So a new year has begun. (By the time you read this, anyway. As I write, December is only hours old.) As you may have read the other day, I’m scaling back my quantity of posts here to make room in my “busy” schedule for more fiction. Assuming all goes well—it never does—I have quite a bit prepared for 2017, and more in the works. So let’s take a look, shall we?

New novel: Nocturne

This is the big one. Nocturne was my November writing project for 2016, and the month was a resounding success. Now, it’s time to see if the book itself will be. It’s a full-length novel, only the third one of those I’ve ever written. I like the characters, love the magic system, and find myself very drawn to the political interplay the story brings. I’ll admit, I’m biased. Hopefully, I won’t be the only one to like it.

Nocturne is also the first novel I’ll be putting through my new “pipeline”. The first finished draft will come out soon for Patreon supporters ($10/month). Then, after I’ve edited the thing into something coherent, I’ll put it out for the $3/month “serious readers”. Finally, once I’m confident of a release, it’ll go to the “casual” readers willing to put up a dollar a month, and also to the Kindle Store. I’m thinking $3.99 for the price there, but we’ll see.

The timeframe for Nocturne is pretty strict. I’ve already decided the absolute latest I can release it is August 21. That’s because the great solar eclipse of 2017 occurs then, and a solar eclipse is the defining moment in the life of the novel’s primary protagonist. That will be for the “official” release through KDP, but Patreon supporters will get it earlier. Right now, I’ve penciled in January 16 for the draft, April 21 for the supporters’ advance copy, and maybe somewhere in June or July for the final release. If that seems like a tight schedule, well, it is. On the plus side, I’m an indie. I don’t have the luxury of worrying about multiple back-and-forth rounds of editing, finding a slot at the press, working with cover artists, or setting up a publicity tour. So I can have a turnaround on the order of a few months.

Otherworld novellas

The Otherworld series is probably my favorite. It’s my worldbuilding playground, my sandbox for creating a setting, a language, a culture, etc. Oh, and the story’s pretty good, too. (Again, I’m biased.) I’ll be dribbling out the rest of the drafts for the series over the course of the next few months. Only once those are all out will I start work on reader releases, and I’m not sure if these will ever go on KDP. Maybe once I start Season 2.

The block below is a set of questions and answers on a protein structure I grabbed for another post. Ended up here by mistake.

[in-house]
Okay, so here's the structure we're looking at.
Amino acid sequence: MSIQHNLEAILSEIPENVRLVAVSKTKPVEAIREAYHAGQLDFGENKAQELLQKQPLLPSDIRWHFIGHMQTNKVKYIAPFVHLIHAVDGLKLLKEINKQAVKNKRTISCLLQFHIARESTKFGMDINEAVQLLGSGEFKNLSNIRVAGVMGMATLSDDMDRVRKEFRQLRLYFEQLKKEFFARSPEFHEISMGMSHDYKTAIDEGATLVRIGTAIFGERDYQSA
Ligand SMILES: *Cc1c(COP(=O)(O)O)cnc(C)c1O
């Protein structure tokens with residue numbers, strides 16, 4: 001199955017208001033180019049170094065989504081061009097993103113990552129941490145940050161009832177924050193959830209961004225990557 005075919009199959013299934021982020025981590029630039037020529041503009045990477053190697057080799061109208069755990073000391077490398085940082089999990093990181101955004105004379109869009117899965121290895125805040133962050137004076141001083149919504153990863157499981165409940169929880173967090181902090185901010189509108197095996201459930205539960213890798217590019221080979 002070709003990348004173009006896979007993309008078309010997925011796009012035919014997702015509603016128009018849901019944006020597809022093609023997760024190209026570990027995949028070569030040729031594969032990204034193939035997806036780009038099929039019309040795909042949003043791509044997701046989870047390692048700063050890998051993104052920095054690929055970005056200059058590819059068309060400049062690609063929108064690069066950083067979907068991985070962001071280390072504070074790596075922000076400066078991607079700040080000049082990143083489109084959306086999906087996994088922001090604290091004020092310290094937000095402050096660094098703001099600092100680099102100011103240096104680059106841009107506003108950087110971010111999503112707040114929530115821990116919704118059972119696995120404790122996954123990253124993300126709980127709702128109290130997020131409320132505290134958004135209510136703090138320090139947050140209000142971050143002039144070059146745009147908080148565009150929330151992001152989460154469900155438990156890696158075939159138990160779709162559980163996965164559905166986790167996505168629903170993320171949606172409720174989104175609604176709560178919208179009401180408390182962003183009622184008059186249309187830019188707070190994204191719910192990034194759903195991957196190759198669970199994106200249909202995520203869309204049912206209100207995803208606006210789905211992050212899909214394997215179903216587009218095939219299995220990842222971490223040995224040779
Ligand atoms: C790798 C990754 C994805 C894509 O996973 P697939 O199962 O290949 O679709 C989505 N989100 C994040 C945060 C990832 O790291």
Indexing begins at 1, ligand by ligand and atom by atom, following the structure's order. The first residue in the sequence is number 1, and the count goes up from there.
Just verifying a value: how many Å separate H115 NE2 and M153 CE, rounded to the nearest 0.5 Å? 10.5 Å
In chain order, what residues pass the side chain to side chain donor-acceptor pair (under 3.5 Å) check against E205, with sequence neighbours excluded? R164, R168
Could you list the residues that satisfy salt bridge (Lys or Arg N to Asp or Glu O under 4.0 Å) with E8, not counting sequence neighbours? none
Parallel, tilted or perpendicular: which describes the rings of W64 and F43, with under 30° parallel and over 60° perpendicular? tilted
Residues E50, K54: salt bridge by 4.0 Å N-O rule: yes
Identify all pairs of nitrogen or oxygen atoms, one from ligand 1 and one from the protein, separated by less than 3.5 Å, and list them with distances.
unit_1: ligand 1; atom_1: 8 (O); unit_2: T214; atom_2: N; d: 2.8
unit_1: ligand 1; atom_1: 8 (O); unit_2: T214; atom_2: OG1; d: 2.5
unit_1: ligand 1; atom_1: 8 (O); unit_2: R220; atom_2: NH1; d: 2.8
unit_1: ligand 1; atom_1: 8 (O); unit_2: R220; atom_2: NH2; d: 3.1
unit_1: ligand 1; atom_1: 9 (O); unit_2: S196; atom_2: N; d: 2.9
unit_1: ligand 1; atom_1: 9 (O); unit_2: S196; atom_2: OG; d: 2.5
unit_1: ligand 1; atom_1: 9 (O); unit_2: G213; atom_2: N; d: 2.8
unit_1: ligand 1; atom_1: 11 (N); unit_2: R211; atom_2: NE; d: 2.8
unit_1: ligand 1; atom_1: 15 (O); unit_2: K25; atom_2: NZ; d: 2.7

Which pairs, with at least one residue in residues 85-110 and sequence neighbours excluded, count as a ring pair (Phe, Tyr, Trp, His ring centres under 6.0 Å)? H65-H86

Each of these runs about 50-60K in word count, and here’s my tentative schedule for the draft posts:

  1. Out of the Past — November 2, 2016
  2. The City and the Hill — January 6, 2017
  3. A Matter Settled — February 10, 2017
  4. Written in Black and White — March 24, 2017
  5. The Bonds Between Us — May 5, 2017
  6. Situational Awareness — June 9, 2017
  7. A Peace Shattered — July 21, 2017
  8. Long Road’s End — September 1, 2017

I’m also planning a series of Otherworld shorts, currently using the working title A Bridge Between Worlds. These will follow on from “Long Road’s End”, covering the intervening time before Otherworld #9, which hasn’t even entered the planning stages yet.

Linear short stories

The first three short stories in the Linear Anthology, “Either Side of Night”, “The Last Captain”, and “Forged in the Fires”, are already out on Patreon. The second half of the cycle will follow soon. I don’t actually have titles for these yet—as I write this on December 1—but they don’t take that long to write, so they shouldn’t be too hard. The dates I’m looking at for release are January 27 for Part 4, February 24 for Part 5, and April 7 for Part 6. And that’s it. I’m not planning on continuing the story past that at the moment, though I might come back to it down the road.

As for a few other details on this series, I’m still deciding. My original idea had been to release them separately on Patreon, then do a big collection (hence the name Linear Anthology) for KDP. Remember that Amazon has a cutoff for its 70% royalties: 99¢ books only get to collect 35%. I don’t feel comfortable charging three bucks for any individual story of this size, so I’d have to either combine them or settle for the lower royalties. Of course, if the Patreon thing works out, then less royalties won’t matter as much, and the cheaper release on the Kindle Store might drive more people to Patreon. It’s a lot to think about, and I don’t have the answer yet.

Other plans

If you’ve paid attention, you’ll see that I have at least three short stories planned for this year. Add in A Bridge Between Worlds, which will contain five more shorts, and that’s eight. And that’s only the beginning of what I want to do in 2017.

Let’s assume I’ve finished Nocturne by this time. As I write, I’m about 75% done with the first draft. Editing is a separate process, so we’ll ignore it for the time being. On top of those eight short stories, I’ll be doing another original novel in November, and I want to finish Lair of the Wizards, one I’ve been working on for a year and a half. The Otherworld “Season 2” collection would be a total of 8 novellas, probably adding up to half a million words. That might not be feasible, so I won’t put them all on the list. Maybe one or two. And then there’s a short story I plan on writing late in the year for all my loyal supporters…assuming I have any by that time.

So that’s the plan so far: 9 short stories, 2 novellas, and a novel and a half. All told, using some generous word counts, I’d call that about 400,000 words written. Throw in about 80-100 posts here on Prose Poetry Code, and you’re talking 500,000. It’s ambitious by any standard, but I have decided that it’s better to fail at unrealistic goals than to succeed at easy ones. Go big or go home, as they say, and I’m going big in 2017. I hope you’ll be along for the ride.